Tuesday, July 22, 2014
According to the CDC (2014) Pre-exposure prophylaxis, or PrEP, is a way for people who do not have HIV to help prevent HIV infection by taking a pill every day. The pill contains two medicines that are also used, in combination with other medicines, to treat HIV. When someone is exposed to HIV through sex or injection drug use, PrEP can help stop the virus from establishing a permanent infection.
In 2012 the Food and Drug Administration approved the HIV prevention measure, but it is still not widely known. PrEP is a one pill a day named Truvada, which is produced in California from Gilead Sciences. Severe and sometimes fatal lactic acidosis (a buildup of lactic acid in the blood) and liver problems have occurred with Truvada. Symptoms of lactic acidosis include unusual weakness or tiredness; unusual muscle pain or cramps; fast or difficult breathing; stomach pain with vomiting, nausea, feeling cold, especially in the arms and legs; dizziness or light-headedness; fast and/or irregular heartbeat. Symptoms of liver problems include yellowing of the skin or eyes, dark urine, pale stools, persistent loss of appetite, nausea, and/or stomach pain.
BUT NOT TO WORRY: An insider has told me that researchers are developing another 1 pill a day HIV prevention regime that is less harmful to humans for consumption.
This is a great breakthrough. I’m very glad for this as long as we put things into prospective. This discovery can help us get to zero and can help the gay community combat HIV and hopefully we will never be put down by HIV again.
"If something comes along that's better than condoms, I'm all for it, but Truvada is not that," said Michael Weinstein, President of the AIDS Healthcare Foundation. "Let's be honest: It's a party drug." After his reaction to the drug many people were in uproar and wanted him to resign as president of AHF. "There's an element in the gay community that espouses 'anything goes,' that is for sexual freedom and not giving an inch," he said. "But demonizing me or AHF isn't going to shut us up." I think I understand what he was trying to say, but I don’t think it was the best way to put it.
The concerns that steam from this are that the gay community will use this as an excuse to have more sex without condoms. I don’t think that will be the case but I do understand his concern. The concern that people will stop using condom and use Truvada is a big concern amongst doctors as well. They have started to see people the beginnings of people asking for a prescription for it. One major concern is that when using Truvada for HIV prevention that people will forget about the things it doesn’t prevent like, Chlamydia, Gonorrhea, Syphilis, Vaginitis, Pelvic Inflammatory Disease (PID), Human Papillomavirus (HPV) or Genital Warts, Hepatitis, Trichomonas etc. I don’t say this to scare you but reality is reality. #thetruth.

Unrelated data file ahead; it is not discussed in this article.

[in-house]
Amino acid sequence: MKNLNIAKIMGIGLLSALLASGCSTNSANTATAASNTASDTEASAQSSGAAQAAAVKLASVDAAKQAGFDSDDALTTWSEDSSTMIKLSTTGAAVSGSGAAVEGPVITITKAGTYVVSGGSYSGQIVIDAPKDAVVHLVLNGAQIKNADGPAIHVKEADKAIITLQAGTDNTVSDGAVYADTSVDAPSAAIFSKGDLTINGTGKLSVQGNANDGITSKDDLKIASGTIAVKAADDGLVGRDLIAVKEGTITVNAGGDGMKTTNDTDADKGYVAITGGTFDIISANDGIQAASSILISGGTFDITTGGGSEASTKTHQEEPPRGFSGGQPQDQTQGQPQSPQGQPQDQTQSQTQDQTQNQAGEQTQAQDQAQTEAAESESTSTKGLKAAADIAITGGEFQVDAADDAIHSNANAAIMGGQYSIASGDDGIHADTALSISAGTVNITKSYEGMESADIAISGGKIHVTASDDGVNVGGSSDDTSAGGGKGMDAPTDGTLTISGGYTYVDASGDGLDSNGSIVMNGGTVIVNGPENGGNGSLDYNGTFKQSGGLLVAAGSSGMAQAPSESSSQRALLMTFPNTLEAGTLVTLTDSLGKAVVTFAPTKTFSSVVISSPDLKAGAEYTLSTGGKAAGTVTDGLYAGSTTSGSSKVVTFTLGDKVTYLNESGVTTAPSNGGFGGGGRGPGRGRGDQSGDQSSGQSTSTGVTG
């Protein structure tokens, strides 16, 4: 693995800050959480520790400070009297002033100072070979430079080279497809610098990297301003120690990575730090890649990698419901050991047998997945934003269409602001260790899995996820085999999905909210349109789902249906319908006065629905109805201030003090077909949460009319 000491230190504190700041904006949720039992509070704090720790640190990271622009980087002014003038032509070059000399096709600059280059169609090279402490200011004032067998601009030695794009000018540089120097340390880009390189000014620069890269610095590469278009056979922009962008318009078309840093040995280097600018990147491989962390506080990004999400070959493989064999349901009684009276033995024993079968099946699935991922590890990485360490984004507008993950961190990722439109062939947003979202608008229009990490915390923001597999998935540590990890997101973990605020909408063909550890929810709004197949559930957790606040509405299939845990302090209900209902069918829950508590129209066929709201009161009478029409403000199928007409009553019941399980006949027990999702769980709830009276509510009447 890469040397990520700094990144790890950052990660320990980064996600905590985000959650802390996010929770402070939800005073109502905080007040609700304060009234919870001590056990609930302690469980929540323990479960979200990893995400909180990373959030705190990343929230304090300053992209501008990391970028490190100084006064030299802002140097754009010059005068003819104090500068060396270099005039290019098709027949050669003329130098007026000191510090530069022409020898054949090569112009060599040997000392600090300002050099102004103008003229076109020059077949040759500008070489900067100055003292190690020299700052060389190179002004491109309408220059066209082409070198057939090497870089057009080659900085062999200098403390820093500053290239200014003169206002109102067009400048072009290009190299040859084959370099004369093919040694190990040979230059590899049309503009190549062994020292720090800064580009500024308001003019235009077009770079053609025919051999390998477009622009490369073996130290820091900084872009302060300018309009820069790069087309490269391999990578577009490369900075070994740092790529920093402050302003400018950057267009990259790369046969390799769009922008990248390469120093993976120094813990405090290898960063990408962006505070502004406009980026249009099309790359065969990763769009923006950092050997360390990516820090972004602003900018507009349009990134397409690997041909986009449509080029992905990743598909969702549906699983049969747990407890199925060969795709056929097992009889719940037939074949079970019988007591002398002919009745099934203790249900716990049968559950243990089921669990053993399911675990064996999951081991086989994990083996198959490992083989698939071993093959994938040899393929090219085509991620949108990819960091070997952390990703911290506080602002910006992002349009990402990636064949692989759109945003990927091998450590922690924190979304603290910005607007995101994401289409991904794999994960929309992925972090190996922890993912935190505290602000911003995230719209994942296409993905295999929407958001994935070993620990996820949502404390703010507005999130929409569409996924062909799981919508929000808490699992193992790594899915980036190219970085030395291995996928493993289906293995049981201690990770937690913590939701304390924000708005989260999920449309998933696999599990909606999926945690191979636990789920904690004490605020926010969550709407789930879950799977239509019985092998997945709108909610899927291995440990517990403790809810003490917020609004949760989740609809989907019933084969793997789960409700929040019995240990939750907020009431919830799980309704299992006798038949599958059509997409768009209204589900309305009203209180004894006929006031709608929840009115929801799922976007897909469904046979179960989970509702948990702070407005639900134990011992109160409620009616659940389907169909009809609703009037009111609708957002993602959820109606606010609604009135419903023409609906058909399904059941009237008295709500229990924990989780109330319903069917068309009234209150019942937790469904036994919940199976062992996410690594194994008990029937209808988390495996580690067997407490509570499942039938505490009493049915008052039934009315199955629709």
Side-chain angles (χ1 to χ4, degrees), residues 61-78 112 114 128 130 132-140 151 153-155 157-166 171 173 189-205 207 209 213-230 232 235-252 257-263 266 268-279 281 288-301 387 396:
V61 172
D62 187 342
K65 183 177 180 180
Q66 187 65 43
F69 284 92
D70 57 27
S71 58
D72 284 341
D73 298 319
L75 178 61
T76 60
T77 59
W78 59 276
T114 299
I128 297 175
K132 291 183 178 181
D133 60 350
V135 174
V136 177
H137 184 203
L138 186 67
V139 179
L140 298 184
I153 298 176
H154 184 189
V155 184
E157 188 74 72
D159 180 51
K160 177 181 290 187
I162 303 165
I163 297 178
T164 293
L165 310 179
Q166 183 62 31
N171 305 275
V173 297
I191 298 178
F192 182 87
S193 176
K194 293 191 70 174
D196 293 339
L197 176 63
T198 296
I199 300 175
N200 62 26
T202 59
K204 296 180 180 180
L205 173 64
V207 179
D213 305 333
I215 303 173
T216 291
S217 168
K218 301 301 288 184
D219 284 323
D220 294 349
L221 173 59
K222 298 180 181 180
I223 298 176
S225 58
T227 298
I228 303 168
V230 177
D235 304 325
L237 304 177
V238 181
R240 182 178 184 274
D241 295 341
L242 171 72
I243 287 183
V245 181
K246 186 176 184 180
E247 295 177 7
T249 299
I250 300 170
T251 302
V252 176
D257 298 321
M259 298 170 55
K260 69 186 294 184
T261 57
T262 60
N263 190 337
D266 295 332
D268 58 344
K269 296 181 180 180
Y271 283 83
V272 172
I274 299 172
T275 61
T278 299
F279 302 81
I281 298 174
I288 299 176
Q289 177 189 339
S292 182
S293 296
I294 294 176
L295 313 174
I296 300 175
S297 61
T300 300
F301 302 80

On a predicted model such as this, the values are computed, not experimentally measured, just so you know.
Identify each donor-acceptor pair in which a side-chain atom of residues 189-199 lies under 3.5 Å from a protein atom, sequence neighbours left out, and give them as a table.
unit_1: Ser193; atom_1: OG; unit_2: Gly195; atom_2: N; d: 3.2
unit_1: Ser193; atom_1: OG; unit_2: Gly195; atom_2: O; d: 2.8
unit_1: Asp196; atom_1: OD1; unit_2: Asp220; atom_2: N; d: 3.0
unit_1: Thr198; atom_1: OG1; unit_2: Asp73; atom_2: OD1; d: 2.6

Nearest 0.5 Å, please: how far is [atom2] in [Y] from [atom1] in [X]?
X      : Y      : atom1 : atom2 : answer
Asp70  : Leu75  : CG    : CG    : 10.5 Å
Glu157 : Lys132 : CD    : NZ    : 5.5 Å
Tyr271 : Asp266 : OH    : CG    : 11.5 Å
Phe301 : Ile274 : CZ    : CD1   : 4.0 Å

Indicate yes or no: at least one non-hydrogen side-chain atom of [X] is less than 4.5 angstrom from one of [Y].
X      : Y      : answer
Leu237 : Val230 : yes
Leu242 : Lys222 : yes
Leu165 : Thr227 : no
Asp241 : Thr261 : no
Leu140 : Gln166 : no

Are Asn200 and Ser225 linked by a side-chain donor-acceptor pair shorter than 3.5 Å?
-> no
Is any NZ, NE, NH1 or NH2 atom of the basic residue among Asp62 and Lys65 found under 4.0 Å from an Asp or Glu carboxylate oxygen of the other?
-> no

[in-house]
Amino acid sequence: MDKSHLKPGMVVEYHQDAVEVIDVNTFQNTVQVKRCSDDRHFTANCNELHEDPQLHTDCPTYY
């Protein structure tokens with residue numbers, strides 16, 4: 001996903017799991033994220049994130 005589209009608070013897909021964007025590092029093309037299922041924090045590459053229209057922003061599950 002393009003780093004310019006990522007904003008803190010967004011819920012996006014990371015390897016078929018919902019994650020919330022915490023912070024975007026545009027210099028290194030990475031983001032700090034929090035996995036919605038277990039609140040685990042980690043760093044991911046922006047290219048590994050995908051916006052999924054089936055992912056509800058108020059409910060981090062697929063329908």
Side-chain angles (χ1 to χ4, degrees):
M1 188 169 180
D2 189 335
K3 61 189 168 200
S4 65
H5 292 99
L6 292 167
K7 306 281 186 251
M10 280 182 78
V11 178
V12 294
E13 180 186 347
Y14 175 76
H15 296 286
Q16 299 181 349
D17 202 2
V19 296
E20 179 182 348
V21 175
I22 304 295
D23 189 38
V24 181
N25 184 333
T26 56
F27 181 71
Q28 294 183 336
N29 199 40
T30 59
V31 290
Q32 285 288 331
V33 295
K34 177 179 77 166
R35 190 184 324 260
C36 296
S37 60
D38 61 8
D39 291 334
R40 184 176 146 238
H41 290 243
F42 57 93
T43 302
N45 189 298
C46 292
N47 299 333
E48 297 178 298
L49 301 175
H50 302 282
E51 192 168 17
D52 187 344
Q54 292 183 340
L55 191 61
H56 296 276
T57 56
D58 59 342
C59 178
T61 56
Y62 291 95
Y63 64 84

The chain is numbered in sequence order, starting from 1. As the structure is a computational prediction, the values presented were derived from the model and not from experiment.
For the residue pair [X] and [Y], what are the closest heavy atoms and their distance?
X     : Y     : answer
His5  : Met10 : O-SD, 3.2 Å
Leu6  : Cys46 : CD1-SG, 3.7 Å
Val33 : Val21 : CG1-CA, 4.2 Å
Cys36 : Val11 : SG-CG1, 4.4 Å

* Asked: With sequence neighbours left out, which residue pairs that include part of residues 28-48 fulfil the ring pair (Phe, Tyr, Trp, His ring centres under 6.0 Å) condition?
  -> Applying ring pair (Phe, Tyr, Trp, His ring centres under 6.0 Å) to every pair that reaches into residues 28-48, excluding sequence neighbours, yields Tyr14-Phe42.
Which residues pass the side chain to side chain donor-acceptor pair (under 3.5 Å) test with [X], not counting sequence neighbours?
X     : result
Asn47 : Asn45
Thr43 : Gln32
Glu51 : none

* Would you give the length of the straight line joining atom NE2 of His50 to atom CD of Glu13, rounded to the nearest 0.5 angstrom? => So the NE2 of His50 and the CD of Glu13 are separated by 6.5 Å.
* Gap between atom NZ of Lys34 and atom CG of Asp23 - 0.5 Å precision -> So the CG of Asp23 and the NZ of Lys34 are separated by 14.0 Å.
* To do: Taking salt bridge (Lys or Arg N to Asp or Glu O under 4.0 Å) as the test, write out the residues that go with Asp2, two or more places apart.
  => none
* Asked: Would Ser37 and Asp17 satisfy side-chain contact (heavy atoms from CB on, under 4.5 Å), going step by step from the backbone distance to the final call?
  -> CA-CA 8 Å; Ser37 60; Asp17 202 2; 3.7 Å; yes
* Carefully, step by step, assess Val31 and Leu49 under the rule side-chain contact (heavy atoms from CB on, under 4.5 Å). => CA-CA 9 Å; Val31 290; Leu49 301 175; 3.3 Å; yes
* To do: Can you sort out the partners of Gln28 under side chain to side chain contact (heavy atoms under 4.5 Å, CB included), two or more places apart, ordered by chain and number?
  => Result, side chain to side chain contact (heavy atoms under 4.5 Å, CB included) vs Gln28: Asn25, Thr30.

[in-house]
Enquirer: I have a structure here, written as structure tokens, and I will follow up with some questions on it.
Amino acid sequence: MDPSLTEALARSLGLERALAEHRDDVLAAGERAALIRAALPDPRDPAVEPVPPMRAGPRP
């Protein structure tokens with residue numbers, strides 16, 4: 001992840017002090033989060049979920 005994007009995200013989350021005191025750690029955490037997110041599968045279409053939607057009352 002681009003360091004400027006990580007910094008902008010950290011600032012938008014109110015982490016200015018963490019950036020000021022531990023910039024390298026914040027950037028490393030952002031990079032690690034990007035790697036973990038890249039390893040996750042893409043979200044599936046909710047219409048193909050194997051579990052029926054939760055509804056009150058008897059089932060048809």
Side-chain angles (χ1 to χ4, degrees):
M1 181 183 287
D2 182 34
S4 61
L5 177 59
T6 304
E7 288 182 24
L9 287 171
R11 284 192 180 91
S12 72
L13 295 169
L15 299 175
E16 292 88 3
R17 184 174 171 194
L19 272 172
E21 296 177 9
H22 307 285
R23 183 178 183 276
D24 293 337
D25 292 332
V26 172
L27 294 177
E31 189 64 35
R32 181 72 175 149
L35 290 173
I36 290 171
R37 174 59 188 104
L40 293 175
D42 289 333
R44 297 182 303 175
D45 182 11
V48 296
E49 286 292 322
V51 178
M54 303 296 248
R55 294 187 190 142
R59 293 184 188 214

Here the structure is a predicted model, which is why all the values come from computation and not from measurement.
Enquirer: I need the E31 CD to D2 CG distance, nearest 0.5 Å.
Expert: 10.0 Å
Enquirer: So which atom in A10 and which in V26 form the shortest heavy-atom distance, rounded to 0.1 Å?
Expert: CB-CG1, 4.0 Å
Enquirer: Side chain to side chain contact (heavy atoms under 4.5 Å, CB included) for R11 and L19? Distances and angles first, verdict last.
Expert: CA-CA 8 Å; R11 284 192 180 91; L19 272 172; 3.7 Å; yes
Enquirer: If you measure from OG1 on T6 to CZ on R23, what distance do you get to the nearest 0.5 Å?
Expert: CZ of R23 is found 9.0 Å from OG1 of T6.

AND FOR THE RECORD
I’m in FULL support for PrEP.
CDC (2014), CDC Fact Sheet: Pre-exposure Prophylaxis (PrEP) for HIV Prevention, Retrieved from http://www.cdc.gov/hiv/pdf/PrEP_fact_sheet_final.pdf
The World Health Organization (WHO) (2014) estimates, that 35 million people around the world are infected with HIV and 1.1 of them live in the United States (WHO, 2014).
There was a decline in Men, Women, White, Black, Hispanic/Latino, heterosexual, Intravenous Drug Users (IDUs) and most age groups, except young gay and bisexual men.
In 2006 the Centers for Disease Control and Prevention recommended that all Americans from the ages of 13 to 64 should be tested for HIV because it should be a common as having one cholesterol tested. In 2000 37% of the population was tested and in 2010 that number increased to 45%. In the United States in the year 2002, 24 out of 100,000 people were diagnosed with HIV and in 2011 that number decreased to 16 out of 100,000.
According to the Washington Blade (2014) the Washington DC 2014 Annual Epidemiology & Surveillance Report the number of newly diagnosed HIV cases in the District of Columbia decreased to 680 in 2012, a decline of 42 percent from the 1,180 new cases reported in 2008, that is an overall 42% decline. Men who Sex with Men (MSM) also saw a slight decrease in the DC area. In 2008 in the DC area there were 443 MSM diagnosed with HIV and in 2012 there were 313 MSM diagnosed with HIV. Heterosexuals saw a drop, in 2008 there were 335 heterosexual diagnosed with HIV compared to 215 in the year 2012 (Washington Blade, 2014).
There were no baby born with HIV compared to the 1 out of 10 babies with HIV were born in the DC area
And Intravenous Drug Users (IDUs) diagnosed with HIV dropped 81%, which are primarily and directly contributed to Needle Exchange Programs.
Washington Blade (2014) Report shows new HIV cases in D.C. continue to decline Retrieved from http://www.washingtonblade.com/2014/07/02/report-shows-new-hiv-cases-d-c-continue-decline/
World Health Organization (WHO) (2014) HIV/AIDS Retrieved from www.who.int/hiv/